Catechesis: The Primary Goal of the Church
From the Baltimore Catechism we learned the answer to the question, “Why did God make you?” The answer is, “God made me to know him, to love him and to serve him in this world and to be happy with him forever in the next.”
In the last several years there have been at least seventeen major documents written on Catechesis. The National Directory for Catechesis states in the Introduction that there are many challenges to the ministry of catechesis in the United States. It goes on to say that for many Catholics, there is a gap between their faith and their everyday life and an inadequate connection between their religious beliefs and their moral choices. The United States culture, at times, excludes or marginalizes both the individual and institutional religious values of Catholics. And it states that catechesis needs to present the Christian life as a response to Christ’s invitation to follow him - in one’s personal life and family, the parish, and the wider human community. (National Directory for Catechesis p. 15)
In our own diocese, we have noticed worrisome signs that point to inadequate results in our catechetical efforts. We have adults as well as children and adolescents missing Mass on Sundays and Holy Days of Obligation without a twinge of conscience. We have other Catholics attending other denominational churches because “they have less rules,” are “more friendly” or “have better music.”
It is now time to take a look at our catechetical efforts as well as the quality of our parish life. There are many pockets of hope: lay people are taking on more of the role of catechists, there are more programs to help educate and form these lay people; many of our parishes are focusing on adult faith formation and intergenerational catechetical programs. Youth programs are being designed to educate young people in their role for evangelization, service, prayer, Scripture study, liturgy and personal moral responsibility. Groups such as Cursillo and parish/diocesan retreats for men and women have flourished. The diocesan Center for Catholic Studies provides courses in Theology, Scripture, Sacraments, Evangelization, Liturgy and Catechesis. These courses are offered at a variety of times and may be taken for credit or just for continuing education. These courses have been offered at the Diocesan Center but also in vicariates. In accord with the National Directory for Catechesis, the diocese uses the Center for Catholic Studies to provide training and formation for youth ministers as well as catechists in general, including certification programs.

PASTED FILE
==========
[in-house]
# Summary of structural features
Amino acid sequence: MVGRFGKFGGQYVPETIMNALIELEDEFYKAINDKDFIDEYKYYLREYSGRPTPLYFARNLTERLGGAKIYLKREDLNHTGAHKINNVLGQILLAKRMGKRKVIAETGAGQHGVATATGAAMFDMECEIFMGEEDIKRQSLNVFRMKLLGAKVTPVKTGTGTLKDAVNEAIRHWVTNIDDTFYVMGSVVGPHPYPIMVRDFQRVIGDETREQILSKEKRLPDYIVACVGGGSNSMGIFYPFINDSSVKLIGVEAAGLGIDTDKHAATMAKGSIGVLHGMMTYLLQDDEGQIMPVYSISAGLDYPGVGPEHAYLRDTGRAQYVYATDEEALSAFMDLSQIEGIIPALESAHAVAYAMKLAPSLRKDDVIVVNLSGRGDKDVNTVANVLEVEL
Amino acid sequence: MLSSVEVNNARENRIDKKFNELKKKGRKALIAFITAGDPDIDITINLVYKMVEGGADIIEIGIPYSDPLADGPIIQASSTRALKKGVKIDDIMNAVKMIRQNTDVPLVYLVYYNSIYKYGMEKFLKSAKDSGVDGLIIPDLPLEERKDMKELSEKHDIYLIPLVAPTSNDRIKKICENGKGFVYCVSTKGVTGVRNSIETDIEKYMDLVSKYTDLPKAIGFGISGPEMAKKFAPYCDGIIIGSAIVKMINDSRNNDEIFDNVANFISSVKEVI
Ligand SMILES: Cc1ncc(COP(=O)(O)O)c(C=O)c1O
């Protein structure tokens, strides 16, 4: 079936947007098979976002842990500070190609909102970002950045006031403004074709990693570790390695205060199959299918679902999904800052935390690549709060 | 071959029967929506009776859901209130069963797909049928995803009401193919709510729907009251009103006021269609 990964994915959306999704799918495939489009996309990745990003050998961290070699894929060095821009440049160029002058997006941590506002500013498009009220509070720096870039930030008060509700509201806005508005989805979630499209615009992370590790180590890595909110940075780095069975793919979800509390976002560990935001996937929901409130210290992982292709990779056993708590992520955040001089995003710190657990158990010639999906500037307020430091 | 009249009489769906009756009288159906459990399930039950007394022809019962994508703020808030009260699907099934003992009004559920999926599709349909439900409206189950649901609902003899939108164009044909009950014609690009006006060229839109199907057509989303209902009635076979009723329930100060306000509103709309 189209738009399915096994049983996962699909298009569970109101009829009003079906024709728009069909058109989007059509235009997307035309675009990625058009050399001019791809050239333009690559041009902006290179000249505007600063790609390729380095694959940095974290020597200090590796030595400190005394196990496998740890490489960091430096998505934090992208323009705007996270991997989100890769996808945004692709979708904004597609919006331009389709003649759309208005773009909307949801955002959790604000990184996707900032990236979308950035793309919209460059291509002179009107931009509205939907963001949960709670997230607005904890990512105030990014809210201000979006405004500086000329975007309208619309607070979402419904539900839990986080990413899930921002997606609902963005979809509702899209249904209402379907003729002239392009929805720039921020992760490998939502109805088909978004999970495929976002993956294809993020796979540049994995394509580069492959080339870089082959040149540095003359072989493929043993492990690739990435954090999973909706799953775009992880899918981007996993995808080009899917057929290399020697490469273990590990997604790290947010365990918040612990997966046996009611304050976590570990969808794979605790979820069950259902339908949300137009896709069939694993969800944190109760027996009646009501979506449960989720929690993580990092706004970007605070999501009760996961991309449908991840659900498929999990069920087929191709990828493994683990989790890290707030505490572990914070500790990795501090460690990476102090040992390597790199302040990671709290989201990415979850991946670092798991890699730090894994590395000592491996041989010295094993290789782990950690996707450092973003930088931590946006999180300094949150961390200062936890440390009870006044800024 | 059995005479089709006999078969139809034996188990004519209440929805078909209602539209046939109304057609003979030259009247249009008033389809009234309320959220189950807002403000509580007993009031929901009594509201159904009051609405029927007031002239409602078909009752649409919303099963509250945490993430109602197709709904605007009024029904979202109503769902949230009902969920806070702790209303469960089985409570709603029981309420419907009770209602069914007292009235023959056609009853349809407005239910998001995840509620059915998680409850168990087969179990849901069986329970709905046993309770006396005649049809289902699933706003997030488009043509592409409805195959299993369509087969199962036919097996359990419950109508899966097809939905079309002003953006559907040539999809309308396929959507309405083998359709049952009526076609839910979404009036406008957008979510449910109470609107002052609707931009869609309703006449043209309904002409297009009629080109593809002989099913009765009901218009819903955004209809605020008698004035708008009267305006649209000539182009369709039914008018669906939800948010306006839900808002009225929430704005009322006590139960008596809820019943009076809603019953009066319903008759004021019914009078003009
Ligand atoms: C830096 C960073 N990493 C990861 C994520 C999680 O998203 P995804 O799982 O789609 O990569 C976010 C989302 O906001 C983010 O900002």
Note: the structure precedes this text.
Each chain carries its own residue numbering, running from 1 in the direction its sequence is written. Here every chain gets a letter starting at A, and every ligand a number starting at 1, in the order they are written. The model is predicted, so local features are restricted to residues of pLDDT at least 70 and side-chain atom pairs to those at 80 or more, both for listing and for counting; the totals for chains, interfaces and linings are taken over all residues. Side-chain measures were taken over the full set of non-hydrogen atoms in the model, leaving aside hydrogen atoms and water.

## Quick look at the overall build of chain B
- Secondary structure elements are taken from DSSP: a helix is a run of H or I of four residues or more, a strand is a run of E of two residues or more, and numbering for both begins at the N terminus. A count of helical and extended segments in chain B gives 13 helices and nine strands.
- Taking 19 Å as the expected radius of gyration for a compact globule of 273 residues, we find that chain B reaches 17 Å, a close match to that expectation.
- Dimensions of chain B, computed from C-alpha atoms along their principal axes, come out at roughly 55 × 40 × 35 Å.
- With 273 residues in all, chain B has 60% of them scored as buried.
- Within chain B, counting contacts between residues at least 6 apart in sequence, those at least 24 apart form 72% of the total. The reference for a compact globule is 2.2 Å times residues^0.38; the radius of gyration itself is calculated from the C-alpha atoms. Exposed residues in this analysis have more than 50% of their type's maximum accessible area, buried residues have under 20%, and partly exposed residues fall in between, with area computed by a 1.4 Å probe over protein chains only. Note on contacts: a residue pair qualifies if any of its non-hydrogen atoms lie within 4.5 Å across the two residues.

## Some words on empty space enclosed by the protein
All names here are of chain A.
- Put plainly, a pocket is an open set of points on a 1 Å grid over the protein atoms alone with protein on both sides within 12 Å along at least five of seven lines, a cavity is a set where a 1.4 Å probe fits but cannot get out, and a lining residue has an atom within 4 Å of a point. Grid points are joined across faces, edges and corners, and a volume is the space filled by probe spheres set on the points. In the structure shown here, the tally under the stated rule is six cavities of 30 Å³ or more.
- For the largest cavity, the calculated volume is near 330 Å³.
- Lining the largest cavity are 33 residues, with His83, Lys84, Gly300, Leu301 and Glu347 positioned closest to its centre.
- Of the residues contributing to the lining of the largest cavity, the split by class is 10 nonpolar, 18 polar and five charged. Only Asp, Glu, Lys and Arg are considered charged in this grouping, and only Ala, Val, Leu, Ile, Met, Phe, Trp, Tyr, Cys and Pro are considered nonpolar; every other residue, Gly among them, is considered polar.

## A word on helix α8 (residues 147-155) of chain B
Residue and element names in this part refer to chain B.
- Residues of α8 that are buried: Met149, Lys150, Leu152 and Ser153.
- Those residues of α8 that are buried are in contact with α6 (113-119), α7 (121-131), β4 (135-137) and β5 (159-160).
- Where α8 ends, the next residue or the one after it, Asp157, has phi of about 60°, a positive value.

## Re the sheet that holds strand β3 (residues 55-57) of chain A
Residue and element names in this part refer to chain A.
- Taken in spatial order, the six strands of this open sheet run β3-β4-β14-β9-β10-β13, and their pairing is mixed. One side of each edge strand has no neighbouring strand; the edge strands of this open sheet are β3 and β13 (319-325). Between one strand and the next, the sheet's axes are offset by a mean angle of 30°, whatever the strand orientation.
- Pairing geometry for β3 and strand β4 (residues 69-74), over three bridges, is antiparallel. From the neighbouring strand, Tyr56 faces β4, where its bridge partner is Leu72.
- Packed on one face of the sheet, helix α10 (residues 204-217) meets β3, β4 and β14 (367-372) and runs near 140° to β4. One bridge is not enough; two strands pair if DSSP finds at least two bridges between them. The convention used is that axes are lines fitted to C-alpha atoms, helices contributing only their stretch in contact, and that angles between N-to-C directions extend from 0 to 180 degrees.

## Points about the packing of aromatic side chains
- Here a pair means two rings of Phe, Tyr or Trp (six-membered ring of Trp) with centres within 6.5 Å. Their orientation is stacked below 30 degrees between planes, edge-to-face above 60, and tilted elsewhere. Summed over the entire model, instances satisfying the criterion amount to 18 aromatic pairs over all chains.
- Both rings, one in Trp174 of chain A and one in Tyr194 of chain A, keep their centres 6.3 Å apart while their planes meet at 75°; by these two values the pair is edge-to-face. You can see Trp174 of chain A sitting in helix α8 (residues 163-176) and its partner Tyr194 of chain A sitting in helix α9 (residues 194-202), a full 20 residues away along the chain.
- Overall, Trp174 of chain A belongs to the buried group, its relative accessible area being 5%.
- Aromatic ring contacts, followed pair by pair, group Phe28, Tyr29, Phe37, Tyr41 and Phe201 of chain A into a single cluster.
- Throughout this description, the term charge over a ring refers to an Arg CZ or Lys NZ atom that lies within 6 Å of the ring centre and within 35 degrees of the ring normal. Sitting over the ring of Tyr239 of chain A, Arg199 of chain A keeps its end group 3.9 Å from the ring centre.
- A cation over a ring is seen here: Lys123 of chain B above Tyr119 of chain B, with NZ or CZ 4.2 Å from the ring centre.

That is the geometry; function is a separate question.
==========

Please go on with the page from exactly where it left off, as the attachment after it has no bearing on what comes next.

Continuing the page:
Lifelong catechesis is absolutely necessary for the Christian formation of the faithful. Time has long passed when an adult can state that because he/she went to a Catholic school for eight/twelve years he/she “knows the faith.” Parents can no longer ignore their responsibility and expect their children to learn their faith from catechists, priests, religious men and women. At the Baptism of their children, parents willing accept the responsibility to bring their child up as a faithful member of the Church.
There are many excellent catechetical resources available today. These resources seem better able to interest a child as well as the youth and adults. They include teaching which can be seen as more age appropriate. We have learned that adults have a different way of learning and the resources have to be designed for this. With the advent of computers, there is a wide variety of ways for adults to learn on their own time, in their own homes or in small groups.
The diocesan library contains many videos on Scripture, the Sacraments and on the Christian life. These are available to anyone.
In a recent survey of parish catechetical leaders we learned of the concerns and needs that some of these leaders have. Some of these are: diocesan staff visibly present in vicariates/out in the field, more development of Young Adult ministry, varied faith-experiences at parish level, DREs/Faith Formation Directors needed at parish level, more educational programs at Vicariate level, help for families to discuss Faith/Church at home, families leaving the faith, programs need better diocesan direction/leadership/communication, keeping youth
involved after Sacraments of Initiation. There were also many positive comments.
After studying the returned surveys, an Ad Hoc Committee was formed to study these concerns and to respond to them. The committee had two goals:
- To assess the state of Faith Development in the Diocese and the level of the formation of the persons involved in Faith Development at the parish level.
- To form a Faith Development Program at the diocesan level which will assure adequate, professional in-depth, relational, parish/diocesan oriented, open to change and growth and subject to evaluation.